At the conclusion of 2017, to the dismay of journalists, pundits, and academics, large numbers of adolescents began consuming Tide Pods, a form of laundry detergent that is candy-like in appearance. This paper argues that purposeful consumption of laundry detergent may in fact be individually rational for adolescents. The consumption of Tide Pods may allow adolescents to successfully signal status in accordance with the Handicap Principle, which explains the beauty of a peacock’s tail and the practice of stotting by gazelles in the wild. The Handicap Principle is also a common explanation of adolescents’ willingness to engage in dangerous activities, like drug use. A subtext of the thesis of this paper is the veracity of rational choice explanations in unconventional contexts distant from its original applications.
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The “preferences” of the genes in this context may remain constant, however, with the changes in preferences of the economic actor driven by psychological responses to changes in relative costs in the environment.
Of lesser relevance here is a philosopher puzzle by Kavka (1983) related to the rationality of poison consumption.
For an exposition of a very similar theory, that low socioeconomic status creates a cue for individuals to engage in risky behavior, can be found in Griskevicius et al. (2011). As long as the link between status seeking and risk remains, the arguments in this paper remain the same. The other exposition of the mechanism was emphasized because it appears to be more predominant in the literature.
I should note that experimental evidence using mating priming has failed to replicate (Shanks et al. 2015), but this is one small piece of a core concept within the field of evolutionary psychology.
Murphy (2016) argues that it is possible to interpret some forms of status seeking as irrational should there arise a disconnect between what people believe they are doing and what is ultimately status seeking behavior. In those examples forms of status seeking took on a veneer of morality. This disconnect may also arise in the Ice Bucket Challenge. It does not seem to be in play in explaining the Tide Pod Challenge.
There are some very small additional benefits that I have not mentioned, such as serving the function of sorting partners. However, this may not be a social good, as assortive mating is one cause of income inequality (Greenwood et al. 2014). Social benefits accrued are likely smaller than they are in education, for one example, which has received lengthy criticism elsewhere for imposing deadweight loss via a similar mechanism (Caplan 2018). There is a more speculative benefit to the Tide Pod Challenge, which is that it may on net reduce laundry detergent capsule poisonings. Despite a galling 215 cases of teens being hospitalized for consuming Tide Pods in the first 4 months of 2018, the overall pattern is a reduction in the number of children facing such treatment. It may be that the ironic outcome of the Tide Pod Challenge has been to raise awareness and actually create greater net social benefits than the Ice Bucket Challenge (which has received some criticism, see Belluz 2014). Somewhat less provocatively, Collins et al. (2015) argue that conspicuous consumption played a role in developing modern rates of economic growth.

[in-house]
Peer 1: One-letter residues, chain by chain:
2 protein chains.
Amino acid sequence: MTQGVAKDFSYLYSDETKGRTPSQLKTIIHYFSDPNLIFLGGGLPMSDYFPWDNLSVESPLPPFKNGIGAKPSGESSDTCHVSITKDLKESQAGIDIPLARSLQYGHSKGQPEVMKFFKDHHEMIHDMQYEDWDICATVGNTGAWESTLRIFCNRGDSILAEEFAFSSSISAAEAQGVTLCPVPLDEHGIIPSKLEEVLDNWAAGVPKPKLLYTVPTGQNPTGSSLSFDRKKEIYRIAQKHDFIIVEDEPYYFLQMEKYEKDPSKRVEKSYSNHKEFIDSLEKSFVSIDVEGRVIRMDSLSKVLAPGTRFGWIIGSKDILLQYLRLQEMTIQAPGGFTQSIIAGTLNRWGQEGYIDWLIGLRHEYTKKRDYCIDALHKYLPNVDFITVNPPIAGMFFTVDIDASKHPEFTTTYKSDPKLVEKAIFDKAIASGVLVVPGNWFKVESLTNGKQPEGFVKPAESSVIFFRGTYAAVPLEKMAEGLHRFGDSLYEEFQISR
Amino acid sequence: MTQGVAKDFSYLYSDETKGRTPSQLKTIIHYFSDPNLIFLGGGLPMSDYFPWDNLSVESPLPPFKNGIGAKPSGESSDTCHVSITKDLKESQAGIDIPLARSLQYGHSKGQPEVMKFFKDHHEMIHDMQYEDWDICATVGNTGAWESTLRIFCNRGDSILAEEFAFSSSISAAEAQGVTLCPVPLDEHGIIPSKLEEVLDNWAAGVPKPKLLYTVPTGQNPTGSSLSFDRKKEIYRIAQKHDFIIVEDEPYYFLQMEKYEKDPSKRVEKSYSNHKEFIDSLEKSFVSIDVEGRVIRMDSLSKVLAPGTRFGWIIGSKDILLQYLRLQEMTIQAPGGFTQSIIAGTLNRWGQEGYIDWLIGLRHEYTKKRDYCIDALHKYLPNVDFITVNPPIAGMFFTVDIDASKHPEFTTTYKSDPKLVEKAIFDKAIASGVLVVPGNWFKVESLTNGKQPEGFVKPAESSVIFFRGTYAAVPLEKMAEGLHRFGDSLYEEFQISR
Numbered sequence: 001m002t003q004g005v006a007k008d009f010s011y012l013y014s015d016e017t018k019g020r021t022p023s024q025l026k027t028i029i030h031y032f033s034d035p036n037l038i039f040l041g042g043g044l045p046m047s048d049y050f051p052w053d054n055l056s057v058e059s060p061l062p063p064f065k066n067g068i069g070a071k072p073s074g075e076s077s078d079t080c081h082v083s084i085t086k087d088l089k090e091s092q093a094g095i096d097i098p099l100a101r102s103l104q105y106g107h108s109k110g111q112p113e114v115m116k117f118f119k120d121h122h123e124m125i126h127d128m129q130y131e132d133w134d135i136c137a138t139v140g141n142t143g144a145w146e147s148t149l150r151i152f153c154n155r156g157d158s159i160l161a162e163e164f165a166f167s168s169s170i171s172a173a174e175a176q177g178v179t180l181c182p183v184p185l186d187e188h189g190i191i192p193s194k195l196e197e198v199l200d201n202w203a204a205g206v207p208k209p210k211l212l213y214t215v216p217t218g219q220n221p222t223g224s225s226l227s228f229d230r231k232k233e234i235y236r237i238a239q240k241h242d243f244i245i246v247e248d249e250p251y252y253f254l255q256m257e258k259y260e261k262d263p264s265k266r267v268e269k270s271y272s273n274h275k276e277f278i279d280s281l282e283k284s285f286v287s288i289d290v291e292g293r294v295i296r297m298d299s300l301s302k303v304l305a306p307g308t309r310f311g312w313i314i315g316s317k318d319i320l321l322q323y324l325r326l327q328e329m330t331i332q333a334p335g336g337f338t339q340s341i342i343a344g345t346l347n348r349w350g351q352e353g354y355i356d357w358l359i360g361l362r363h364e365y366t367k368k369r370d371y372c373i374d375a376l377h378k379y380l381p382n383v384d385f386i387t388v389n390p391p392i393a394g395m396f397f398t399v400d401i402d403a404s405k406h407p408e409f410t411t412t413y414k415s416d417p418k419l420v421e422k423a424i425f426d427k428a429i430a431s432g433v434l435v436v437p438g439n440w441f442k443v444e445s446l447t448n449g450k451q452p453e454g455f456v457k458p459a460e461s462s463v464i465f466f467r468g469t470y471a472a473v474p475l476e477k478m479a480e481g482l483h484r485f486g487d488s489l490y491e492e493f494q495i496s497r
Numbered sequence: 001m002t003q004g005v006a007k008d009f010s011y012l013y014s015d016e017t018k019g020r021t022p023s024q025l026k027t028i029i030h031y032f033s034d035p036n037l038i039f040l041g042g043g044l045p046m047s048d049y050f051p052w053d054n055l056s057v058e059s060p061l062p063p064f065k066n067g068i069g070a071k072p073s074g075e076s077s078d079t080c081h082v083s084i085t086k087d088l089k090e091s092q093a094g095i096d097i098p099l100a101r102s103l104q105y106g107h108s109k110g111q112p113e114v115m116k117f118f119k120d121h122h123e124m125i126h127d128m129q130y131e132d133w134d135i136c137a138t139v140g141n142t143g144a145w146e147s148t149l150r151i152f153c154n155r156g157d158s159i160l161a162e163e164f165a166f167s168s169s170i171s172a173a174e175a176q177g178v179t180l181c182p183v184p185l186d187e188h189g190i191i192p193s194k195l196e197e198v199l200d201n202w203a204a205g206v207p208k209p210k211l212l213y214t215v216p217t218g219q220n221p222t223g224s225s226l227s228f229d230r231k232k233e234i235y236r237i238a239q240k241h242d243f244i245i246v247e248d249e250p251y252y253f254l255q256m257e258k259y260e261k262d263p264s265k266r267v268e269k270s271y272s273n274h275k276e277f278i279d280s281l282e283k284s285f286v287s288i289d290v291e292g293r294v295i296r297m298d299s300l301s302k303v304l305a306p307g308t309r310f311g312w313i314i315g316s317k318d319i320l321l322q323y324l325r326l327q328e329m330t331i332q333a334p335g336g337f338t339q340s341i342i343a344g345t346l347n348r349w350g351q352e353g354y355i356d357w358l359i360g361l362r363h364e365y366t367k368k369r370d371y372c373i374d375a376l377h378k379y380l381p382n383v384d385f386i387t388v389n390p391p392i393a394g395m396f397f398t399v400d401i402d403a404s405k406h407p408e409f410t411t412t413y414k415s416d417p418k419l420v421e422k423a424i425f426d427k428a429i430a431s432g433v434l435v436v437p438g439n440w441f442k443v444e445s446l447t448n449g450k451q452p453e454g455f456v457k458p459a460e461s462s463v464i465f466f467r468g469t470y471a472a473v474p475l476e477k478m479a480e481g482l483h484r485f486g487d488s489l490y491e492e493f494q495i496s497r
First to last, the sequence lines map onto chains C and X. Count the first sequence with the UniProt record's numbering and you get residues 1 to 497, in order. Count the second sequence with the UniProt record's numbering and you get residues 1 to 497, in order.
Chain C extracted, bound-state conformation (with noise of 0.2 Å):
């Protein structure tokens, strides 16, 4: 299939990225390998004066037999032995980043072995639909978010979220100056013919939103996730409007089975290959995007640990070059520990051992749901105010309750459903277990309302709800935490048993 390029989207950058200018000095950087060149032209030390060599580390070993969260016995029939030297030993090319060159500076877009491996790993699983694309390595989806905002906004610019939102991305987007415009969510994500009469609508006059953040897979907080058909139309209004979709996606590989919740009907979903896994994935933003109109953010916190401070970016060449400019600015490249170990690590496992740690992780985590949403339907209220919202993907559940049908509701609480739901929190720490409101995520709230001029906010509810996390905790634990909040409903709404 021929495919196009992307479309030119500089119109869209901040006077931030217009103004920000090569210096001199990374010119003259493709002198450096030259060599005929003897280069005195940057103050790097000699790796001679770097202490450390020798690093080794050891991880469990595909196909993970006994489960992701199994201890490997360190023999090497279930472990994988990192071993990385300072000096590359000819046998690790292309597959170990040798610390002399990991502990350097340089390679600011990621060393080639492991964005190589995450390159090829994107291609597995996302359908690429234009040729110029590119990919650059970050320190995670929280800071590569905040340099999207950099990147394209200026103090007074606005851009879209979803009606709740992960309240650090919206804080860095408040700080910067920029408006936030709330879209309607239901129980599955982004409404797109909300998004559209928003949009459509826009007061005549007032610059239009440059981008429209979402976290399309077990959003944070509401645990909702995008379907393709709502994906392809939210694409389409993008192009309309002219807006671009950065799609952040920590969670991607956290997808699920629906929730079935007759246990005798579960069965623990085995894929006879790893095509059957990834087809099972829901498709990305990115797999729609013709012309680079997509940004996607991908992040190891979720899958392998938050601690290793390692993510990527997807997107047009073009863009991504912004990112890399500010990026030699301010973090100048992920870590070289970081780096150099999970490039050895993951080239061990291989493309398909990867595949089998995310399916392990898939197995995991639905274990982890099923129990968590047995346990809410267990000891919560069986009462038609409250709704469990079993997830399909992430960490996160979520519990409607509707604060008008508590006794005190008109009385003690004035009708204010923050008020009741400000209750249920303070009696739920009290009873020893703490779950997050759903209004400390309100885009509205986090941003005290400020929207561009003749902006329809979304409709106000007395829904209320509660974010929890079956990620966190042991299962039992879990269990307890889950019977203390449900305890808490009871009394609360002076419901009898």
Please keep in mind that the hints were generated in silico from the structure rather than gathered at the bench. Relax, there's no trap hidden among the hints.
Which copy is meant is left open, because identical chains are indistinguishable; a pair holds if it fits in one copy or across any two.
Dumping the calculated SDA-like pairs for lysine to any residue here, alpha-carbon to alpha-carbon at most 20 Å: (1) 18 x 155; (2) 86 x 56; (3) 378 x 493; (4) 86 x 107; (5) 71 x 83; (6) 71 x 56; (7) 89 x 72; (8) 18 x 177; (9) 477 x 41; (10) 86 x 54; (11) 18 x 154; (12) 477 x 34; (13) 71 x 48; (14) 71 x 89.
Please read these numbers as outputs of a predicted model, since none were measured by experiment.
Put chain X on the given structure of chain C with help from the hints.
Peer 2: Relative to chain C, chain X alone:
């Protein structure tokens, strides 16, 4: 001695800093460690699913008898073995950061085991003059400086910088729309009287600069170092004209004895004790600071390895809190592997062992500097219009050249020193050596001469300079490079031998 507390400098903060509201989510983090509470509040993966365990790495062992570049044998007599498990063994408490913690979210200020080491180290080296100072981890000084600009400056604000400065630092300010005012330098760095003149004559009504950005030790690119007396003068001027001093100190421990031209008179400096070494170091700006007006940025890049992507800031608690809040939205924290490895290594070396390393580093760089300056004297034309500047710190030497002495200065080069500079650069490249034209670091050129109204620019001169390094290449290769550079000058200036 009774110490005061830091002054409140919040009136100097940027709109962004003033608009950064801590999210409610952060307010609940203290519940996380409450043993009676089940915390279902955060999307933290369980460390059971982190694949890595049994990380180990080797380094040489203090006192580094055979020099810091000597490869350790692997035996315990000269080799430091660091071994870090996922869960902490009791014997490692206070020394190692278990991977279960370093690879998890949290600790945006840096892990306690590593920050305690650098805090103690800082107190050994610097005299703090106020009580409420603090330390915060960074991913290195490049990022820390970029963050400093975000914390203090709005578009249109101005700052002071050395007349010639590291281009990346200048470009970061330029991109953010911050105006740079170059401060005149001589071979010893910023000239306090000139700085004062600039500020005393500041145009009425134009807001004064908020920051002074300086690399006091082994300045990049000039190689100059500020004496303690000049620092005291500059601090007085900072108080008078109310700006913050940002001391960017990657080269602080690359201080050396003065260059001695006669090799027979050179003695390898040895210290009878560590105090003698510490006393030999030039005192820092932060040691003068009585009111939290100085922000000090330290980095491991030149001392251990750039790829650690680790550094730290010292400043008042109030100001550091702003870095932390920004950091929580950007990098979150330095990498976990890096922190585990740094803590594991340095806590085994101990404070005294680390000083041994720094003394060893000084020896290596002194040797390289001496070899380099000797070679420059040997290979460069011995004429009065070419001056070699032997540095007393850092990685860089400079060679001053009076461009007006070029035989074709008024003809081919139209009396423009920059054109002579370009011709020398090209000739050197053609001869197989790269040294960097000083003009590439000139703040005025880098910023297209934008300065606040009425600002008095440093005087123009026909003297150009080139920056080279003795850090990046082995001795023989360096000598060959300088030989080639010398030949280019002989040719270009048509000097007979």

See Boardman et al. (2006: 411) for a straightforward distillation of the results.
This estimate is $1.47 million, which the authors find after adjusting for publication bias.
In saying this, the model I have in mind is the Tide Pod Challenge as a “rite of passage” pooling equilibrium, as opposed to something done with any frequency.
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Murphy, R.H. The rationality of literal Tide Pod consumption. J Bioecon 21, 111–122 (2019). https://doi.org/10.1007/s10818-019-09285-1